1 Corinthians 14:1-5, “1Follow the way of love and eagerly desire spiritual gifts, especially the gift of prophecy. 2For anyone who speaks in a tongue does not speak to men but to God. Indeed, no one understands him; he utters mysteries with his spirit. 3But everyone who prophesies speaks to men for their strengthening, encouragement and comfort. 4He who speaks in a tongue edifies himself, but he who prophesies edifies the church. 5I would like every one of you to speak in tongues, but I would rather have you prophesy. He who prophesies is greater than one who speaks in tongues, unless he interprets, so that the church may be edified.”
One advantage of church shopping is that you get to see how all kinds of believers fellowship and worship on Sunday mornings. I’ve never attended a full-out Pentacostal speaking-in-tongues sort of church, but the people I know who have tend to say the same sorts of things in that it’s barely contained chaos – which is exactly what the scripture didn’t order. I was wondering though, if people had really wanted the ability to speak in tongues (but not neccessarily translation), then if people really wanted the gift of prophecy could they have it?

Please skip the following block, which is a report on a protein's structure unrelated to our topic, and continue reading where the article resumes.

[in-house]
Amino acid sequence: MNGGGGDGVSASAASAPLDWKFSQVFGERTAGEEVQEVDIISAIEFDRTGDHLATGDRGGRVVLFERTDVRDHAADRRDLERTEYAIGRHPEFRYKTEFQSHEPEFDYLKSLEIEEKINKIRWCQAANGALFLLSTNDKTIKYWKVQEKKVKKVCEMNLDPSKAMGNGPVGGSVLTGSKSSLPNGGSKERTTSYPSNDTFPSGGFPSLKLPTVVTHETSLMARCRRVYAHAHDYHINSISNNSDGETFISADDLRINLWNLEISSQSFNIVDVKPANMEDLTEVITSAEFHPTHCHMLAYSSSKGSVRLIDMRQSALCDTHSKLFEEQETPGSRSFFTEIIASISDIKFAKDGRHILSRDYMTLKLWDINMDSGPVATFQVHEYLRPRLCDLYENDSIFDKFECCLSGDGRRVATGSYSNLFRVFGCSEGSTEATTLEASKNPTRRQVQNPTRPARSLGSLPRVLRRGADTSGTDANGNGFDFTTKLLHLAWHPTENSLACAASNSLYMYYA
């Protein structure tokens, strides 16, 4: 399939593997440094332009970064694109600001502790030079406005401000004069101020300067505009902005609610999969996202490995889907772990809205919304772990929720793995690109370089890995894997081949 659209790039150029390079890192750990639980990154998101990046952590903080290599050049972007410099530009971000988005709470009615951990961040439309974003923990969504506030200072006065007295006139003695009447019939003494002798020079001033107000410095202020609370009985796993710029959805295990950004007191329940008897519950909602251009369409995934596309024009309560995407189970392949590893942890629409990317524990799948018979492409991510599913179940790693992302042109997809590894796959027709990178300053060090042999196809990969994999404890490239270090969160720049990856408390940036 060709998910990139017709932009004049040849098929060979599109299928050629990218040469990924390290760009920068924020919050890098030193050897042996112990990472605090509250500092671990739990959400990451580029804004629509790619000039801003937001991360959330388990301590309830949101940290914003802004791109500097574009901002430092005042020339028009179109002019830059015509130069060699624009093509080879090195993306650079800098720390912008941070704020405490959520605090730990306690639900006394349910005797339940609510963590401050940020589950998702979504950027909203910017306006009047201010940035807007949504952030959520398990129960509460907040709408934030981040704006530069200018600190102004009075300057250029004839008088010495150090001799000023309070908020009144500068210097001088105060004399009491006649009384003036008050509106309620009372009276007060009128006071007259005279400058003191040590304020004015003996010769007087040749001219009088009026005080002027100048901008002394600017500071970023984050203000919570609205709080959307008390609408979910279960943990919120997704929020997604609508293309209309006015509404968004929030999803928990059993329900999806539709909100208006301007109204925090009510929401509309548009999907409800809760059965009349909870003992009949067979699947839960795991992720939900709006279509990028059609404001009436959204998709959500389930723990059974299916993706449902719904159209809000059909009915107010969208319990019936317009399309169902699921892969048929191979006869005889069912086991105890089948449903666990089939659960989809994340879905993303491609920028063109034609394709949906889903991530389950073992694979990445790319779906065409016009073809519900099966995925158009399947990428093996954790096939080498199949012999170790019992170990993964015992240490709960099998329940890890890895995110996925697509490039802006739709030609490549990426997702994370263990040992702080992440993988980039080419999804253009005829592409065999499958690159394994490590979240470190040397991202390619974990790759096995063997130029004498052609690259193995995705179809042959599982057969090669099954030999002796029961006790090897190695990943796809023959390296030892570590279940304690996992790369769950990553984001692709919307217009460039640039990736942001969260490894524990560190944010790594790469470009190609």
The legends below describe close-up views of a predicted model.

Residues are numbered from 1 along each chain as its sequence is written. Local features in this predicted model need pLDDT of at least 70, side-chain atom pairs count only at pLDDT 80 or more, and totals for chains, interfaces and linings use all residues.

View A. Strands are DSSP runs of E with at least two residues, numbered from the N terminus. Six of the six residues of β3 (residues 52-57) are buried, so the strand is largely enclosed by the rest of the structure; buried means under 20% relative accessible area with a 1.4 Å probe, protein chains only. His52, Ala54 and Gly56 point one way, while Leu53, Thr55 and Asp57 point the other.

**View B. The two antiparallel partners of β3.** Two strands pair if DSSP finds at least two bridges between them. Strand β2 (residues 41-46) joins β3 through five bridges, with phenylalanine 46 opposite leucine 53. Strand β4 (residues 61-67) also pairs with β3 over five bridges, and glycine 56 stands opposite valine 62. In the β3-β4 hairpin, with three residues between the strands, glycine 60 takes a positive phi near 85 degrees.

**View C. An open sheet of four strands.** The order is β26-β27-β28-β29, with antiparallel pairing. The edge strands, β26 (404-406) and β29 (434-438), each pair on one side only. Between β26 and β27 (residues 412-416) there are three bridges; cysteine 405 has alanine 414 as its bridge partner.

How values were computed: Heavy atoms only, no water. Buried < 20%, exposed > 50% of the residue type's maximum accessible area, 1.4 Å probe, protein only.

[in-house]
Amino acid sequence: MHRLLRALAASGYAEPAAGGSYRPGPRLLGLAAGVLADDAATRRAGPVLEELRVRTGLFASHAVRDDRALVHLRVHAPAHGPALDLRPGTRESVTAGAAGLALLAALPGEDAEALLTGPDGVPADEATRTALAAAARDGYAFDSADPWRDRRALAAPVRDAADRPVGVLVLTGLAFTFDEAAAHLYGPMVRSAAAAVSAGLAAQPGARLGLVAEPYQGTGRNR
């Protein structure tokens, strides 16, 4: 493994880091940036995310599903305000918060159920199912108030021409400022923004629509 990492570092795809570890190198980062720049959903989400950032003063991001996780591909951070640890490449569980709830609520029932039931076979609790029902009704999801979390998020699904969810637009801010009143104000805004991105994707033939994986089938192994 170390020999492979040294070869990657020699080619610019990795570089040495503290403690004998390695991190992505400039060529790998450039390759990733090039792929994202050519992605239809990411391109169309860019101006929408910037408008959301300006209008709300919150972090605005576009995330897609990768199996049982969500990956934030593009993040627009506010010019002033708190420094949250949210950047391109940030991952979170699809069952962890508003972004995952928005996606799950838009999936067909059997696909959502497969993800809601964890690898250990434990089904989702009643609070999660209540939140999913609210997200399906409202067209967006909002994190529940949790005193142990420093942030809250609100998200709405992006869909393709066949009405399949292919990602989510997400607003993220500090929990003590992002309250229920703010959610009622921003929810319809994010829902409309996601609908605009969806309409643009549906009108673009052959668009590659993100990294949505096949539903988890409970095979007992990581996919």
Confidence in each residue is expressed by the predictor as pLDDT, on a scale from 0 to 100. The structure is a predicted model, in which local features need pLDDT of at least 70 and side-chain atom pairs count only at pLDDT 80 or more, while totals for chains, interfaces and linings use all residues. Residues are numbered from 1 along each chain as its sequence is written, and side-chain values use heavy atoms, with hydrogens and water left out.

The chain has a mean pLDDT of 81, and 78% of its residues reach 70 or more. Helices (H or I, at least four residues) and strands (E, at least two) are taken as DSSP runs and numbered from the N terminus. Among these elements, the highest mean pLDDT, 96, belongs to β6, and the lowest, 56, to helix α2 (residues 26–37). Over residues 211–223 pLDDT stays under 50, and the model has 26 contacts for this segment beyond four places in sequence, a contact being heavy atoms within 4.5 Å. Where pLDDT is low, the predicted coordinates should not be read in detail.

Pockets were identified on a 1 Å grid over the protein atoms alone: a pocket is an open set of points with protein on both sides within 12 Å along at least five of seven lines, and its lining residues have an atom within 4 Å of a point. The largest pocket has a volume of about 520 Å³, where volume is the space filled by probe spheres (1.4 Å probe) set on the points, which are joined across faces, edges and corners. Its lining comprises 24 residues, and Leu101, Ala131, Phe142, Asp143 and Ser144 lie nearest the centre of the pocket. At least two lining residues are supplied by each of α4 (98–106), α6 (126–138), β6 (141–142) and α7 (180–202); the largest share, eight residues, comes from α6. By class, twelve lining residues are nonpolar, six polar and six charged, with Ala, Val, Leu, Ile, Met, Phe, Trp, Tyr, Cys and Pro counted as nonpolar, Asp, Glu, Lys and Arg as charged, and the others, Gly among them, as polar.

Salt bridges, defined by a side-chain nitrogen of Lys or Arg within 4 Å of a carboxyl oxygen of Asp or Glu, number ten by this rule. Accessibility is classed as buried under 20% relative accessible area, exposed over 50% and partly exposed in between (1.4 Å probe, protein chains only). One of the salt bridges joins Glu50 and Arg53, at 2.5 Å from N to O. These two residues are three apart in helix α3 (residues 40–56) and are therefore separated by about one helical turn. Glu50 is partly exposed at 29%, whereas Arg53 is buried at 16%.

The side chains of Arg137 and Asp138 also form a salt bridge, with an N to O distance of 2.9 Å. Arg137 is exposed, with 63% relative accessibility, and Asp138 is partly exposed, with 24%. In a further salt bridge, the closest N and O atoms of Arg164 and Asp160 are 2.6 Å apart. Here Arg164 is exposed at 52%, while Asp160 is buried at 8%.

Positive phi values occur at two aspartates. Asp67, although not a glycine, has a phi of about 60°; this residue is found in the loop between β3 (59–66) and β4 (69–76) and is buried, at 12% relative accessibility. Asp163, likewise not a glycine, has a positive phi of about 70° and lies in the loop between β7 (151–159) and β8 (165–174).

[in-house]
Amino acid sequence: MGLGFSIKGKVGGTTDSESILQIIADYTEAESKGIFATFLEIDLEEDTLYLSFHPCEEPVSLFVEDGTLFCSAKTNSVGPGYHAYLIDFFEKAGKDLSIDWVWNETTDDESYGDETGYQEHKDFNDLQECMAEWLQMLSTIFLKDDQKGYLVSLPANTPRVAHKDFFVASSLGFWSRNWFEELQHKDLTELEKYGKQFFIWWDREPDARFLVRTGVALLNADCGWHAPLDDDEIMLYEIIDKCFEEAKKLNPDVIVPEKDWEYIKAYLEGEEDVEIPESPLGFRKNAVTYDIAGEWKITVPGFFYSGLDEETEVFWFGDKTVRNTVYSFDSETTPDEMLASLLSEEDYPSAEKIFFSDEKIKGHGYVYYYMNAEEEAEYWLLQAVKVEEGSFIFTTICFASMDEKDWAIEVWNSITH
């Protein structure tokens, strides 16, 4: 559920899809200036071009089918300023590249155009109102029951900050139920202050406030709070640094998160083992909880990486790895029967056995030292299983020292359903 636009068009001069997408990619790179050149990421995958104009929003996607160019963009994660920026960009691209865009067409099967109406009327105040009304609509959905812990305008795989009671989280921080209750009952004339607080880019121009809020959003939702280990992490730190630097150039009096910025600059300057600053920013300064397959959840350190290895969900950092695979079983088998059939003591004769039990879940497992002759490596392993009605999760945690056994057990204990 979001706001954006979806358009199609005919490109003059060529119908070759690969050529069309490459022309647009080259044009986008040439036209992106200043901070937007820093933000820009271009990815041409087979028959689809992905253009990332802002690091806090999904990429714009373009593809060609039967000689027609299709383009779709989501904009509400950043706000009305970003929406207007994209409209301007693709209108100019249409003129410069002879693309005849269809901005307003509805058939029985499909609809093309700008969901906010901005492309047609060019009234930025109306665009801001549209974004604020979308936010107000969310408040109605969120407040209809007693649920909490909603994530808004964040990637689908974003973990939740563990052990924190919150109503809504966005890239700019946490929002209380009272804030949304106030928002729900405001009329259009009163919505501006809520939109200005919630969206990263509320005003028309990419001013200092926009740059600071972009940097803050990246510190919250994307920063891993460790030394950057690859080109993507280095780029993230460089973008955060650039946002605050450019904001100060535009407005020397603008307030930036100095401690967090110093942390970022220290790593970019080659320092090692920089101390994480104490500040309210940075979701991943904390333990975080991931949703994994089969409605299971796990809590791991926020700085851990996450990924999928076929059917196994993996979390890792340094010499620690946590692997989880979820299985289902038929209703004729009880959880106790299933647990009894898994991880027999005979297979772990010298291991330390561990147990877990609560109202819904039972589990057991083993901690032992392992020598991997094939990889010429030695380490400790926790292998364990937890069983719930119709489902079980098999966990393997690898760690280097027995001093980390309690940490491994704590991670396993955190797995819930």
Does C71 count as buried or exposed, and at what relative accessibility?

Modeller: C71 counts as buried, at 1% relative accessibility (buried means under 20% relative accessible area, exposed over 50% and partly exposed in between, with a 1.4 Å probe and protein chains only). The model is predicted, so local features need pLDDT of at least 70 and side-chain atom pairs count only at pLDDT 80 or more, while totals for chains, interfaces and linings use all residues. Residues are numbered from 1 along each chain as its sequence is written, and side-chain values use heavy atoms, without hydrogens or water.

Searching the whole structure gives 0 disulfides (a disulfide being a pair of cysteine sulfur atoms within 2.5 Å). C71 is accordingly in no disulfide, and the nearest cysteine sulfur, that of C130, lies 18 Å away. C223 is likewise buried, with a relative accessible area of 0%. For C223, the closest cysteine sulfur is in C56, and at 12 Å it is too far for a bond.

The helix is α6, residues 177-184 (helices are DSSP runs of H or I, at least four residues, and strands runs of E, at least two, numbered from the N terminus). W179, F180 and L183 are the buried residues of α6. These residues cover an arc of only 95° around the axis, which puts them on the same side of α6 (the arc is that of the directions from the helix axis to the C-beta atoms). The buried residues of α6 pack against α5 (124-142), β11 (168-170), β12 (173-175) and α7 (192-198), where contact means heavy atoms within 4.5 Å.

1 Corinthians 14:6-12, “6Now, brothers, if I come to you and speak in tongues, what good will I be to you, unless I bring you some revelation or knowledge or prophecy or word of instruction? 7Even in the case of lifeless things that make sounds, such as the flute or harp, how will anyone know what tune is being played unless there is a distinction in the notes? 8Again, if the trumpet does not sound a clear call, who will get ready for battle? 9So it is with you. Unless you speak intelligible words with your tongue, how will anyone know what you are saying? You will just be speaking into the air. 10Undoubtedly there are all sorts of languages in the world, yet none of them is without meaning. 11If then I do not grasp the meaning of what someone is saying, I am a foreigner to the speaker, and he is a foreigner to me. 12So it is with you. Since you are eager to have spiritual gifts, try to excel in gifts that build up the church.”
I wonder if speaking in tongues fills a person up with a sense of pride. I would think that such a gift would tend to. The scripture tells that mutual edification should be our goal one-on-one, but overall, it’s wise to build up the church, too. We’re told that when it comes to tongues, there must be a translator to build up the body of believers. No chaos, no confusion – what good would it do for me to type this in a language the vast majority of you can’t understand? What good is it to speak in tongues in church if there’s no way to know what’s being said?